Well, you can judge the quality of the politics for yourself,


but we've been crunching the numbers to find out what


parliament might look like after the next year's general election.


Here's Giles. Politicians are elected to


Parliament to represent their constituents, but the make-up of


Parliament does not reflect society well at all the parties it. In 010


more women and ethnic minority candidates entered Westminster but


not significantly more inner chamber still dominated by white males.


Looking at the current make-up of the Commons, Labour has 83 female


MPs, the Conservative have 47 women MPs, which is just over 47% -- and


the Lib Dems have 12% of the parties. All of the parties have


selected parliaments in those seats where existing MPs are retiring and


to fight seats at the next election, and they've all been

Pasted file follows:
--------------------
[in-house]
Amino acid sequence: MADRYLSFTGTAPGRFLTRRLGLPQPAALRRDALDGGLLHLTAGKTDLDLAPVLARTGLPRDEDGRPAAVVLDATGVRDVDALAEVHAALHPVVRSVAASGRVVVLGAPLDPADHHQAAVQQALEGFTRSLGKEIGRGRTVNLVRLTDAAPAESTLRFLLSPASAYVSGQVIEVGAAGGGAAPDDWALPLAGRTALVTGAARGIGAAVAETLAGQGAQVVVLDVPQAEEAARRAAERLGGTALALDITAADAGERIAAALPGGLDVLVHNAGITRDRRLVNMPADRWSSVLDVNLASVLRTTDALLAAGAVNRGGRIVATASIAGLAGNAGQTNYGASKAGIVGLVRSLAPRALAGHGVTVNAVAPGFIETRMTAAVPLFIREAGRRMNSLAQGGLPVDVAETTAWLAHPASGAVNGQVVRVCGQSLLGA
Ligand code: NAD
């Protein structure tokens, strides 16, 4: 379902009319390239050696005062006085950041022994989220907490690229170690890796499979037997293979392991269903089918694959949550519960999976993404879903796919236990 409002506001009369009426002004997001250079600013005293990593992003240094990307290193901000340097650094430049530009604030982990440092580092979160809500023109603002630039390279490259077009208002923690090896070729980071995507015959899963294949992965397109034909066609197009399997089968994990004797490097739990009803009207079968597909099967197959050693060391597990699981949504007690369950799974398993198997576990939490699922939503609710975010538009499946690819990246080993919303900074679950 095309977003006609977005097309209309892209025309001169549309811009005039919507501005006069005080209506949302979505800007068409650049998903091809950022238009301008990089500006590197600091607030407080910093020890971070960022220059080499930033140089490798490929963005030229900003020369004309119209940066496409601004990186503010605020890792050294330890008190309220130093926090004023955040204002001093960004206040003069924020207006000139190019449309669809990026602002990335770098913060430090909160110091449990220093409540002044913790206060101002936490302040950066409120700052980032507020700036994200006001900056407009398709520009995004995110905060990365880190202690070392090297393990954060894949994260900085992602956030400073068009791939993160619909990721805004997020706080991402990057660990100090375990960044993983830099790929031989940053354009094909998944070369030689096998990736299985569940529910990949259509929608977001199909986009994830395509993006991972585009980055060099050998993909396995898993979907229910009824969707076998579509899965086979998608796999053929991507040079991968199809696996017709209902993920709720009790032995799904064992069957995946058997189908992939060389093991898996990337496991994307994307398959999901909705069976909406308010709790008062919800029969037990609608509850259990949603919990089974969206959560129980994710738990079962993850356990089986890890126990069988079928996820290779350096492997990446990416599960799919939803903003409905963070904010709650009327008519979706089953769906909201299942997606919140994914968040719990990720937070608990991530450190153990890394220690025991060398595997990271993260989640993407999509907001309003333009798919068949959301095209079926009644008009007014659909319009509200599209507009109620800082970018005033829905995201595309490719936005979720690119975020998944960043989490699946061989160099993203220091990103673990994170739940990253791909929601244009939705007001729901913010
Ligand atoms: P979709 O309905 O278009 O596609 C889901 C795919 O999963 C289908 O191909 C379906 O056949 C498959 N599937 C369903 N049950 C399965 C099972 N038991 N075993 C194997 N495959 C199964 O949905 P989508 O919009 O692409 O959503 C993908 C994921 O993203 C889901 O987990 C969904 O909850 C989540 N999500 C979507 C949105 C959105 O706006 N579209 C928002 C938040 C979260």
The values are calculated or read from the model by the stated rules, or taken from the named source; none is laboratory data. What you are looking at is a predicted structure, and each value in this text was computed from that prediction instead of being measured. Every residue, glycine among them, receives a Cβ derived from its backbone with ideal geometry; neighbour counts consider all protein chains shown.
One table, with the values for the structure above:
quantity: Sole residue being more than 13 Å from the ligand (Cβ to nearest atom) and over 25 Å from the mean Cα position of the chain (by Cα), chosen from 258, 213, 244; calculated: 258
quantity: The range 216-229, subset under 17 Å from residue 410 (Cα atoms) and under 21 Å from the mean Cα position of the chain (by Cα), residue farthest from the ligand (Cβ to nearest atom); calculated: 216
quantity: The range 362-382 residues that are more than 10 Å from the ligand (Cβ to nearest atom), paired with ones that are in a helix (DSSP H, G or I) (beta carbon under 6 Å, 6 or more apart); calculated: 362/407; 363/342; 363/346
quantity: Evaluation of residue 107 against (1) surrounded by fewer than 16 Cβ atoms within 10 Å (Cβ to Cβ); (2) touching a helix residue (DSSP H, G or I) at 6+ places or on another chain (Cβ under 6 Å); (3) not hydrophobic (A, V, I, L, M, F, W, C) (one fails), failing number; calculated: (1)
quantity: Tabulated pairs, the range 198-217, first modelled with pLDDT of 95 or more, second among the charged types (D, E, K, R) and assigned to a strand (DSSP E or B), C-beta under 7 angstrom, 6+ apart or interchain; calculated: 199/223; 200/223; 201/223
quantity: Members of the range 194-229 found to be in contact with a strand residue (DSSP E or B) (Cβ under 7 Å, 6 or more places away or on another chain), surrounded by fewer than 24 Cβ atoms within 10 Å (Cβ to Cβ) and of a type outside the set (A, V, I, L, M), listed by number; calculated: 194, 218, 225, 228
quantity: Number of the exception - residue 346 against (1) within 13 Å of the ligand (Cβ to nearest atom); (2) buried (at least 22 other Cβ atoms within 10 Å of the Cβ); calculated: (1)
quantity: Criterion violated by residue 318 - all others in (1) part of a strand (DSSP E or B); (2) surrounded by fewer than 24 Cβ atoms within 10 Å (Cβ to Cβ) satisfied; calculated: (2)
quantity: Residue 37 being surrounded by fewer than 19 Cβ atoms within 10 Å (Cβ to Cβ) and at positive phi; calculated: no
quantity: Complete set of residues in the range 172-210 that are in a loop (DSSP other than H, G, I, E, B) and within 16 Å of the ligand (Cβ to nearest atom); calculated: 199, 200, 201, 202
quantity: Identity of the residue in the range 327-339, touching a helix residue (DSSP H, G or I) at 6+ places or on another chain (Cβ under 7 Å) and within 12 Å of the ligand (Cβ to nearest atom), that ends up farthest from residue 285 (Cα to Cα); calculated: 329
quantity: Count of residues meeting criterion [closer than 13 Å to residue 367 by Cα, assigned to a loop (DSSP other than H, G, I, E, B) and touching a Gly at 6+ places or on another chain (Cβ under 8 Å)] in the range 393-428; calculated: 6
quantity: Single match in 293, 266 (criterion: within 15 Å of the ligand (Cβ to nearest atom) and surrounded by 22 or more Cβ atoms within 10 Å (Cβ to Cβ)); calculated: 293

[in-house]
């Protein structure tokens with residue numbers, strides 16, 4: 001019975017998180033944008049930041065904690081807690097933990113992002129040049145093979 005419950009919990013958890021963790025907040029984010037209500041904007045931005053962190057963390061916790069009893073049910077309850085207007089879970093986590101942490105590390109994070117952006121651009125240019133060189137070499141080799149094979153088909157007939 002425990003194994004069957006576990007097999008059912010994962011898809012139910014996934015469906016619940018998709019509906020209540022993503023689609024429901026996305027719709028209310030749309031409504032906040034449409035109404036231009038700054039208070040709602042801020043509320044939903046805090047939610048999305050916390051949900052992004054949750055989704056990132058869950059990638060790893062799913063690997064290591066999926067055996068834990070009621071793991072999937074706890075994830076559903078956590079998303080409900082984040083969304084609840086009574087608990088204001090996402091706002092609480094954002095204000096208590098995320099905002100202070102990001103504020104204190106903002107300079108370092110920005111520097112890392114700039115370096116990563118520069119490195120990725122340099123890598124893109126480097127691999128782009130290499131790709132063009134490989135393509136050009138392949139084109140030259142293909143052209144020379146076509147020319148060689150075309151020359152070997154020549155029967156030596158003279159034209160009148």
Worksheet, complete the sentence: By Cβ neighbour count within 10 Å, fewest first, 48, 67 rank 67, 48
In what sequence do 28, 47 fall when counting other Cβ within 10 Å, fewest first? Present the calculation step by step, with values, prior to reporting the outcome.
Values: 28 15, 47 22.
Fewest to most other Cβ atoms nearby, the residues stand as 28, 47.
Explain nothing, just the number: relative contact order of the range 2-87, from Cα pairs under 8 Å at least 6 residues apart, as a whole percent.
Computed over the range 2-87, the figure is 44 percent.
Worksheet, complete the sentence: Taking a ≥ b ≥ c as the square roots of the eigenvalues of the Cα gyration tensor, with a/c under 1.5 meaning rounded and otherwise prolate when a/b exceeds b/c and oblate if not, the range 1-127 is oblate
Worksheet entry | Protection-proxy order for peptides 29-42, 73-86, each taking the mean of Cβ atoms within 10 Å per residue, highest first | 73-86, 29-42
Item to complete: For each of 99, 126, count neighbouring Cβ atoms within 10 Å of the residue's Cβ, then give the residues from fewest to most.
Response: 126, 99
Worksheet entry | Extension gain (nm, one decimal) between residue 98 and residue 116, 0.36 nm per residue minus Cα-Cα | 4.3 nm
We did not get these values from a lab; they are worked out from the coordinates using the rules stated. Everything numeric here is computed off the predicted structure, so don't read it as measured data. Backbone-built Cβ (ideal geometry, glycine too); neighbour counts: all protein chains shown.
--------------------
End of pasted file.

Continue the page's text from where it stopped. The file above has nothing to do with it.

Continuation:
trying to up the number of women and ethnic minorities because discounts


and can be capitalised on. A picture tells a thousand words. Look at the


all-male front bench before us. And he says he wants to represent the


whole country. Despite the jibe the Labour Party know they have a long


way to go on the issue of being representative. So we


way to go on the issue of being look at this particular area of lack


of women and ethnic minorities. Women first.


In the most marginal, 40 have women candidates, that would mean if they


got just enough to win power, they would have 133 women, which is 1%


The Conservatives currently have 305 MPs and their strategy


at the next election is to concentrate on their 40 most


marginal seats, and the 40 seats most mathematically likely to turn


In those 40, 29 candidates have been selected


If they kept hold of their existing seats and won those 29 new ones


they would have 56 women MPs, around 17%, and up 2% from last time.


The Liberal Democrats are fighting to hold on to the 57 seats they won


at the last election, if they manage that, they would have


However all the indications are it could be


a bad night for the Lib Dems, if they lost 20 seats, on a uniform


swing it would leave them with just four women, 11% of the party.